Can You Spot the Symptoms of Renal Cell Carcinoma?

The kidneys are some of the most hardworking organs in the body. Kidneys are responsible for a variety of different jobs including filtering a huge amount of toxic substances out of the body through urine. Kidneys keep the bloodstream healthy and balanced. However, like most aspects of the body, the kidney are a potential growth location for cancer. 

Renal cell carcinoma is the most common form of kidney cancer. Nine out of every ten reports cases of kidney cancer turn out to be renal cell carcinoma. While documented cases of kidney cancer seem to be increasing, it’s potentially simply due to CT scans being used for more issues and allowing kidney cancer to be spotted accidentally. The earlier kidney cancer is discovered, the more viable treatment options become. 

Causes and Risk Factors of Renal Cell Carcinoma

Unfortunately, like many forms of cancer, there’s no clear cause of why some people get renal cell carcinoma and others don’t. There do seem to be some risk factors however. People who have one or more of these risk factors may be more likely to end up having kidney cancer. Risk Factors include: 

  • Age - People are at a higher risk as they get older
  • Obesity - Obesity is a consistent risk factor compared to average weight or fit individuals. 
  • Smoking - Smoking increases the risks of many forms of cancer including kidney cancer. 
  • Hypertension - This form of extremely high blood pressure is a known risk factor. 
  • Family History - People who have a strong connection to renal cell carcinoma through family members are at a higher risk. 
  • Kidney Failure - The treatment for kidney failure is long-term dialysis. People undergoing this treatment can find themselves at risk. 
  • Specific Disorders - There are a variety of disorders and syndromes which can increase the risk of renal cell carcinoma. 
  • Workplace Exposure - There are several different substances like certain herbicides or cadmium which can potentially increase risk. 

Symptoms of Renal Cell Carcinoma

Unfortunately, renal cell carcinoma symptoms aren’t always noticeable at first. The signs and symptoms don’t present themselves or are so slight as to not be noticed. What’s worse is there are no obvious or common tests for forms of kidney cancer. This means that it’s more common for kidney cancer to be discovered later after it has developed in severity. At this point symptoms appear. Some of the symptoms of renal cell carcinoma include:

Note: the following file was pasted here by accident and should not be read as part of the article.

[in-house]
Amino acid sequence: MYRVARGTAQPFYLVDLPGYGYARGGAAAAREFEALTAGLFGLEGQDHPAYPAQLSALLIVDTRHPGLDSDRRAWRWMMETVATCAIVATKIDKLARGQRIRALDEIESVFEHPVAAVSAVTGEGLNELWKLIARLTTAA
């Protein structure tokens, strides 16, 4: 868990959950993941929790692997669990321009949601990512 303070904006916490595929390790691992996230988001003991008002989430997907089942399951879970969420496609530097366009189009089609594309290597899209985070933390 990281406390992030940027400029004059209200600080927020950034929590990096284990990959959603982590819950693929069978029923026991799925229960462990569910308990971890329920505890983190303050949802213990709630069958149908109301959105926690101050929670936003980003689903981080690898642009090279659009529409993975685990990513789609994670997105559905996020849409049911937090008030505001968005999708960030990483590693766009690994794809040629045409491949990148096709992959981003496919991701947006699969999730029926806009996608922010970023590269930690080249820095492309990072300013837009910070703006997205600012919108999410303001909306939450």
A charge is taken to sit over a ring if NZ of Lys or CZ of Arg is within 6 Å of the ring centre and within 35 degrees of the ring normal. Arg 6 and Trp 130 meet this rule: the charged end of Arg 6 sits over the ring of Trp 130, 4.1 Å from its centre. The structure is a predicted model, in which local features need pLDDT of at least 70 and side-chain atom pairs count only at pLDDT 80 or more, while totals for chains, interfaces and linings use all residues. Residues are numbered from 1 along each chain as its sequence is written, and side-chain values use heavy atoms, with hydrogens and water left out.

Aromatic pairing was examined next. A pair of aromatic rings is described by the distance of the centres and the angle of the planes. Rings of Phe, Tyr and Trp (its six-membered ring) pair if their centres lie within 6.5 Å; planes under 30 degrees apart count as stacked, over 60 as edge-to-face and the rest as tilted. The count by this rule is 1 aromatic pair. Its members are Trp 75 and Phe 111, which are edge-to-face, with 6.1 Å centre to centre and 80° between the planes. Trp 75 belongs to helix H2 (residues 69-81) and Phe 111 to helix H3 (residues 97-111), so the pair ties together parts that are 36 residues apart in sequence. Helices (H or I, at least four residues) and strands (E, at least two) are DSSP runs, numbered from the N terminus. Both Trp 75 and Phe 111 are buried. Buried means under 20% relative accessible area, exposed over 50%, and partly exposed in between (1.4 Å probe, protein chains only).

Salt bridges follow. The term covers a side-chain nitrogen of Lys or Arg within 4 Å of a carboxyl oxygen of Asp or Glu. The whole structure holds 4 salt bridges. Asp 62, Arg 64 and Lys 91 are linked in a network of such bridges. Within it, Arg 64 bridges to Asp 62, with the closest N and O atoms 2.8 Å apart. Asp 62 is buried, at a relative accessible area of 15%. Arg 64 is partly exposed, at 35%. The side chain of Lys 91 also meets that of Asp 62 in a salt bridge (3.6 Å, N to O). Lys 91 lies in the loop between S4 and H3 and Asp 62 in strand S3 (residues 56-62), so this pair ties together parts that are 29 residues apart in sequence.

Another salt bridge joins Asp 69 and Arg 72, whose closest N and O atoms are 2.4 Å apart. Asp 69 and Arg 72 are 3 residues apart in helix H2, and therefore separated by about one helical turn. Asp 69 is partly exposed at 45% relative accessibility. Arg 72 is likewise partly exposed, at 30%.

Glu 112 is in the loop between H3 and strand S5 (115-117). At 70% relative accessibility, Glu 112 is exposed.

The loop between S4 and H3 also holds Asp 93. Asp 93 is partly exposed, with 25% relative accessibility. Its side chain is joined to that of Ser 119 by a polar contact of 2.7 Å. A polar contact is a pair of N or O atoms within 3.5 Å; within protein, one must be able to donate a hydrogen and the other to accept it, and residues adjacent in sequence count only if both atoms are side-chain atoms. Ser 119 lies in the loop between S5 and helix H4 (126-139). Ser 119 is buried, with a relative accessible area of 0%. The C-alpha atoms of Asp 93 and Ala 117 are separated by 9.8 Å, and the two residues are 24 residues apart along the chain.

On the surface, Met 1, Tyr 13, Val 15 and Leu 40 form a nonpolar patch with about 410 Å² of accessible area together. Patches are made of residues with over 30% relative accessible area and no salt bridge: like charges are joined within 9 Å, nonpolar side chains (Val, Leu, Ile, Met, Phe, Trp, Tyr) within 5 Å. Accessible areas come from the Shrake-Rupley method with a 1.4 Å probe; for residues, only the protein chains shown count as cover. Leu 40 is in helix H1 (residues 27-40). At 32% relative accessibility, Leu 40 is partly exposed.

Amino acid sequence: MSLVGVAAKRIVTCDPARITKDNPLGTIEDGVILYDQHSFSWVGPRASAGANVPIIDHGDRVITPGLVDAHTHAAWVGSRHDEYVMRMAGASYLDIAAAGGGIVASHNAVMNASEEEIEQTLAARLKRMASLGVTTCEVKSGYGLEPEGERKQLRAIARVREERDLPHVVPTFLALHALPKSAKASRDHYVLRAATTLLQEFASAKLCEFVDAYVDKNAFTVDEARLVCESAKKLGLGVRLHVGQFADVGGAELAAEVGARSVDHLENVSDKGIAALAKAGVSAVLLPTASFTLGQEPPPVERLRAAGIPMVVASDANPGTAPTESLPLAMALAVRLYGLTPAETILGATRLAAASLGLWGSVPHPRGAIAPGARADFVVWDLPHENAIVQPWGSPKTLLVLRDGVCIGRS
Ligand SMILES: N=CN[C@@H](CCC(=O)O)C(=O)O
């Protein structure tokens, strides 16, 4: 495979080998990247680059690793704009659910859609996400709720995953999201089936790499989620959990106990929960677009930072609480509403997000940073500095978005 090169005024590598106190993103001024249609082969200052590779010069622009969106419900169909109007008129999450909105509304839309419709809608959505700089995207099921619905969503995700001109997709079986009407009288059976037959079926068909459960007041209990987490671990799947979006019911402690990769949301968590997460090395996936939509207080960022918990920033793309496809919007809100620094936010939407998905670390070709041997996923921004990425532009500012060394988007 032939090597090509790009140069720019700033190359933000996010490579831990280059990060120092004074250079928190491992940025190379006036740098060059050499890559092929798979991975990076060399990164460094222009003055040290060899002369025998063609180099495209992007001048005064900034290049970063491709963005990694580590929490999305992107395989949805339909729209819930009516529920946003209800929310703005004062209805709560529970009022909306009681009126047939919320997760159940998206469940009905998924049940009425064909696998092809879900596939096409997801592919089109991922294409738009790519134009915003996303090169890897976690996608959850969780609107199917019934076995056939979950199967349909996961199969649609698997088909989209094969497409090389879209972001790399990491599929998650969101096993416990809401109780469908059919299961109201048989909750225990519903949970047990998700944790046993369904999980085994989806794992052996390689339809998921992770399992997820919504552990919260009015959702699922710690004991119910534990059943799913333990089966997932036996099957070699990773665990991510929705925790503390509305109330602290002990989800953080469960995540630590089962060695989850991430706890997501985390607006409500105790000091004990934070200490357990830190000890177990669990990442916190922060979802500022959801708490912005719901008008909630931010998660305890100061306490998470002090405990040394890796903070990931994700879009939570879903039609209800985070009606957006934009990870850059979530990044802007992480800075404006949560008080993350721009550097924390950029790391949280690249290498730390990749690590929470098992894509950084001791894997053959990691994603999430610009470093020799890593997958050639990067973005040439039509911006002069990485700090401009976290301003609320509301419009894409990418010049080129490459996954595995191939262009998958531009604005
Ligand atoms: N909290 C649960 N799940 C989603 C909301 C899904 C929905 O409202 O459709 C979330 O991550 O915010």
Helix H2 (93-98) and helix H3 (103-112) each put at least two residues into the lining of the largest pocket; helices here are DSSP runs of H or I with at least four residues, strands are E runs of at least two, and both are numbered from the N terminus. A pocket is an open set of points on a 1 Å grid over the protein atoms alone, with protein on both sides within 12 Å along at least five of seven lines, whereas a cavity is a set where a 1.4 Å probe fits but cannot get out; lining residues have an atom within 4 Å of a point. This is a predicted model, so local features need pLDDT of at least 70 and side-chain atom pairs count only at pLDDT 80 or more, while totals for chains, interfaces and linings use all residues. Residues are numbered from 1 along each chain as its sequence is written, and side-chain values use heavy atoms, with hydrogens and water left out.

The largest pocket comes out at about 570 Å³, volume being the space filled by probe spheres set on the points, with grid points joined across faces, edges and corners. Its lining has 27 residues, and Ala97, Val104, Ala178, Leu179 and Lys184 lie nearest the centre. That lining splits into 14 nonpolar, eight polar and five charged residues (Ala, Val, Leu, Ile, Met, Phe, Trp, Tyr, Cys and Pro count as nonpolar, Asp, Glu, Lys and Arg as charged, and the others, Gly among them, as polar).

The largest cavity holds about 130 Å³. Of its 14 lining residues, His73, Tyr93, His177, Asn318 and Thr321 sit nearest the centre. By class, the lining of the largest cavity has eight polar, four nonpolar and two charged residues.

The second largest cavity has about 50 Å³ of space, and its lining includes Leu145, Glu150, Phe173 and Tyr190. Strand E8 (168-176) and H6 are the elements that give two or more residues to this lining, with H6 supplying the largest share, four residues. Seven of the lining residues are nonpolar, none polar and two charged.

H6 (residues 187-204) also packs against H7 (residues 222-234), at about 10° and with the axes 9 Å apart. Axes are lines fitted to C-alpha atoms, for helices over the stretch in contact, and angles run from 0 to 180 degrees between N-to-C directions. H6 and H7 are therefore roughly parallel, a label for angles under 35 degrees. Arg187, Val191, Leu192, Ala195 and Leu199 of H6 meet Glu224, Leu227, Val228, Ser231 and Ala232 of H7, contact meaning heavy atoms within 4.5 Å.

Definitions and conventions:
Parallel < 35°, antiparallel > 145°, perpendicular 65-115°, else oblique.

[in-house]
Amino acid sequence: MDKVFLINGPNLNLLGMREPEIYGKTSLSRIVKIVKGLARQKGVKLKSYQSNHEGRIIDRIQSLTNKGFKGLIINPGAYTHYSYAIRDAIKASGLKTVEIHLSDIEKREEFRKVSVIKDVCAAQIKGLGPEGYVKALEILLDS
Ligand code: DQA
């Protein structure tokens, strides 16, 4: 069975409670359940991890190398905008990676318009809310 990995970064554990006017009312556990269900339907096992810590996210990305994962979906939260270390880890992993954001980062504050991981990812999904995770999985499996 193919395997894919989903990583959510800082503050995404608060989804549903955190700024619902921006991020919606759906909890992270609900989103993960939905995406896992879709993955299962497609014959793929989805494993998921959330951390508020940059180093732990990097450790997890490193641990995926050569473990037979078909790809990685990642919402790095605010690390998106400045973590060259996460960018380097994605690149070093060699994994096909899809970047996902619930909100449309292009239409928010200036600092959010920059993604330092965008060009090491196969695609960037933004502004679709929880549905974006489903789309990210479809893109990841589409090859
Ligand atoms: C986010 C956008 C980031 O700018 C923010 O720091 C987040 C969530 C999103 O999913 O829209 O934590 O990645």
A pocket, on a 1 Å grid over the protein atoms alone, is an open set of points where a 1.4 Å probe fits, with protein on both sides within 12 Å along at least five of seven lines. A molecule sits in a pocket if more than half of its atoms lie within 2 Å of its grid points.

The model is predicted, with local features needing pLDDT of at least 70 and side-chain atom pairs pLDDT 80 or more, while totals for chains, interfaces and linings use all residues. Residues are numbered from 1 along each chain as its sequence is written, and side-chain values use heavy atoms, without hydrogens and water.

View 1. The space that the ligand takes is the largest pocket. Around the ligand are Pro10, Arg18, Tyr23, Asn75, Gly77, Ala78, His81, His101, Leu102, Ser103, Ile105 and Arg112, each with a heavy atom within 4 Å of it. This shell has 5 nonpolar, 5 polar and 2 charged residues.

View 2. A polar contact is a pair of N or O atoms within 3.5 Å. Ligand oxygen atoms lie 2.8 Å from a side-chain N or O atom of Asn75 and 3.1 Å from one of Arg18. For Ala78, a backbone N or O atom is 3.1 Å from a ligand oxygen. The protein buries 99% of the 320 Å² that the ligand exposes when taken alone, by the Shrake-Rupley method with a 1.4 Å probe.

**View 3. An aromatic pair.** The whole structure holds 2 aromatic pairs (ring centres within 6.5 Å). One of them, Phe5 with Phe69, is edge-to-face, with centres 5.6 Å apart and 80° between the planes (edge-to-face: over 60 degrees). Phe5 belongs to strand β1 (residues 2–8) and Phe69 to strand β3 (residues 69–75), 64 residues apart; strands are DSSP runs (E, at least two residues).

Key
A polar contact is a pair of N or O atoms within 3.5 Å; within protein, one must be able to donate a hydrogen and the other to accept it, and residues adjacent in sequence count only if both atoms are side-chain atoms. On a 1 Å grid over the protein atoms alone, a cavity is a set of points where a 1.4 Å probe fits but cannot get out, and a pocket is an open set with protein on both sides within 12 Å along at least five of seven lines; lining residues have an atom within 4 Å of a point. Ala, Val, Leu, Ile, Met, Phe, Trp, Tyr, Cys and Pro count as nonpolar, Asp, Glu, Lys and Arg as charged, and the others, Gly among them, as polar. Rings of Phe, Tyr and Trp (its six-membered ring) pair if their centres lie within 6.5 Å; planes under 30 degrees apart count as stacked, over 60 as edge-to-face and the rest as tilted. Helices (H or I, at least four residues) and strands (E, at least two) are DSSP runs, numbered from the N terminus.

• Urine Alteration - Typically some blood will appear in the urine. This can turn the urine brown, pink or red. 
  • Pain - Specifically, this pain occurs in a person’s back or side in the general vicinity of where the kidney resides. This pain doesn’t resolve itself and go away. 
  • Weight Loss - This is unexpected and unexplained weight loss. 
  • Tiredness - Fatigue can be common for those suffering from renal cell carcinoma. 
  • Fever - Rather than a constant fever, this fever may appear and disappear repeatedly. 
  • Loss of Appetite - There may be no interest in food as renal cell carcinoma worsens. 

Treatment of Renal Cell Carcinoma

When it comes to kidney cancer, there are options available. Treatment will be developed based on what stage of cancer is observed and the severity of the cancer. Unlike some other forms of cancer, surgery is often the first option. There are two types of surgery. The first will remove the entire kidney. This is a nephrectomy. In addition to the kidney, some nearby tissue, lymph nodes and the adrenal gland may also have to be removed. A partial nephrectomy will attempt to just remove the tumor and a small area of tissue around the kidney. This is especially common if a person is already down to one kidney or if the cancer is small. Small cancers may also be able to be treated through cryoablation (freezing the cells) or radiofrequency ablation (heating cancer cells). 

If the cancer spreads to other parts of the body, or recurs in the kidneys, then there’s other treatments that may be required. Some of these include: 

  • Radiation Therapy - Energy beams bombard the cancer cells. 
  • Targeted Therapy - This therapy targets the signals used by cancer cells in the kidney to grow. 
  • Biological Therapy - This method attempts to fight renal cell carcinoma by boosting and redirecting the immune system.
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